Although Herring is unduly tolerant of President Wilson (when a legislator a generations later, in a priceless phrase, makes reference to “an innocent indulgence in messianic globaloney,” Herring casts not even a quick glance in the direction of the Metternich of the League of Nations), he’s not afraid of the well-earned elbow-jab. Time after time in this book, some grand diplomatic scheme will be described, only to be followed by the hammer-blow of “it was a complete failure, for a number of idiotic reasons.” It’s extremely invigorating. And it’s not just diplomacy that gets such level-headed assessments; diplomacy’s violent older brother, war, also comes in for some caustic estimates – and, for 21st century readers, some almost unbearable ironies, as in this depressing passage about Operation Desert Storm in 1991:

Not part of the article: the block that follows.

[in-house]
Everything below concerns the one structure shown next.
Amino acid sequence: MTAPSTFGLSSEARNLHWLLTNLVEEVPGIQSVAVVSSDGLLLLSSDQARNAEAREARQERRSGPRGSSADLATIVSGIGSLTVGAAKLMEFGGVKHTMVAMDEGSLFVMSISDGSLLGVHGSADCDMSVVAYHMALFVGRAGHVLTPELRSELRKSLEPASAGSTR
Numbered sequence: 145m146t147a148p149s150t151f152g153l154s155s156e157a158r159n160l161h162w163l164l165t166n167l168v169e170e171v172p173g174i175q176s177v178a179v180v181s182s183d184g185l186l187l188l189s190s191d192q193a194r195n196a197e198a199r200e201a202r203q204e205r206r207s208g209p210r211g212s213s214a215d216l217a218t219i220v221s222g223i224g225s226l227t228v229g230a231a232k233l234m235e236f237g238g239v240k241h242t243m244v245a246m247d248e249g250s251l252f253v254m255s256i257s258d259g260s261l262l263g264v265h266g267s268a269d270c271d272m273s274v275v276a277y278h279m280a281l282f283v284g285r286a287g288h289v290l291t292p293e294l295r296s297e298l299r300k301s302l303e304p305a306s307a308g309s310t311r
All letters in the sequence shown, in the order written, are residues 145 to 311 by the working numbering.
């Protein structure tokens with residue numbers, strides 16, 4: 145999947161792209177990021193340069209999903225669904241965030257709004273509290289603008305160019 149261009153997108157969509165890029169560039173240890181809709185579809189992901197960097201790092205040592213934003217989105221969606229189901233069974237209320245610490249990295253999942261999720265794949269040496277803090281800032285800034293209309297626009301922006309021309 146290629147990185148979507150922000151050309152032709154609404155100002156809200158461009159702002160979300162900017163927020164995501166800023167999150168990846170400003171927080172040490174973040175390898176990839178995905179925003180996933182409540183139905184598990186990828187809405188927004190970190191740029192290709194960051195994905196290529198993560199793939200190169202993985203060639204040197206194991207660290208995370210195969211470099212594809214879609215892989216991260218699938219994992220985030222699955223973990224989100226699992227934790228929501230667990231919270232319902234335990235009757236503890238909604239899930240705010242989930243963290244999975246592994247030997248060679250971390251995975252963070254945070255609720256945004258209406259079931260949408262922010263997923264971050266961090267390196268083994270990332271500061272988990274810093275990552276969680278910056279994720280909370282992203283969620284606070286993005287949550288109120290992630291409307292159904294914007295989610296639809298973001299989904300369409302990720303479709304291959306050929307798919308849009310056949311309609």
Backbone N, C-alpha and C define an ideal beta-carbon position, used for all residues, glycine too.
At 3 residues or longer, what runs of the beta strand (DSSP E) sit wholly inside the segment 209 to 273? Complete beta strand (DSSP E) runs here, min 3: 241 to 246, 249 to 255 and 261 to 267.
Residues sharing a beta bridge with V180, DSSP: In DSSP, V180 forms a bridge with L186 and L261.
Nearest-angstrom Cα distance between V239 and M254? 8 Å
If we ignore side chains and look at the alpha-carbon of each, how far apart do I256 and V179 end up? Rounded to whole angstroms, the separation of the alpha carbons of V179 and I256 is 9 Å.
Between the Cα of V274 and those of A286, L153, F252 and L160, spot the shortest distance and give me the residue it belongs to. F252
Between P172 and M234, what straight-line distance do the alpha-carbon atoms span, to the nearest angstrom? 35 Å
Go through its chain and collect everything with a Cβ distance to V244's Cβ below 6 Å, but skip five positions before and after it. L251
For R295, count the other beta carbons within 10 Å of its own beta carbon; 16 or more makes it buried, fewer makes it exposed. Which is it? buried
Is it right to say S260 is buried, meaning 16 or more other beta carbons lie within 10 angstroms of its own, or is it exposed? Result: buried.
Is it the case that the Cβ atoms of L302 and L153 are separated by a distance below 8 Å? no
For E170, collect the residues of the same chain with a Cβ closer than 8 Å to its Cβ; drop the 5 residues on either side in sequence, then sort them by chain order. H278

War is seldom so neat, however, and Desert Storm proved at best a partial success. Although [George Herbert Walker] Bush had publicly likened Saddam to Hitler, the administration declined to exploit its enormous military advantage to depose him. Regime change was never a goal, [national security adviser Brent] Scowcroft later admitted, simply a “hopeful byproduct.” The U. S. military permitted much of his Republican Guard force to escape, thus facilitating his retention of power. The military command allowed him to keep his helicopters, which he used with lethal effect to suppress domestic opposition. As is customary in war, after the shooting stopped, frustrated U.S. officials blamed each other, an there was plenty to go around. The United States, for good reasons, never seriously considered pushing on to Baghdad to topple Saddam’s government. Such a move might have cost the support of Arab states, crucial to the coalition. Iraq’s total defeat would leave a large power vacuum in an especially volatile part of the world’s most explosive region, enhancing the position of Iran. United States forces might be tied down to an extended occupation and entangled in Iraqi politics in ways that made Vietnam look easy. “Once we cross over the line and start intervening in a civil war …,” [Secretary of Defense Dick] Cheney admitted, “it raise the very real specter of getting us involved in a quagmire figuring out who the hell is going to govern Iraq.”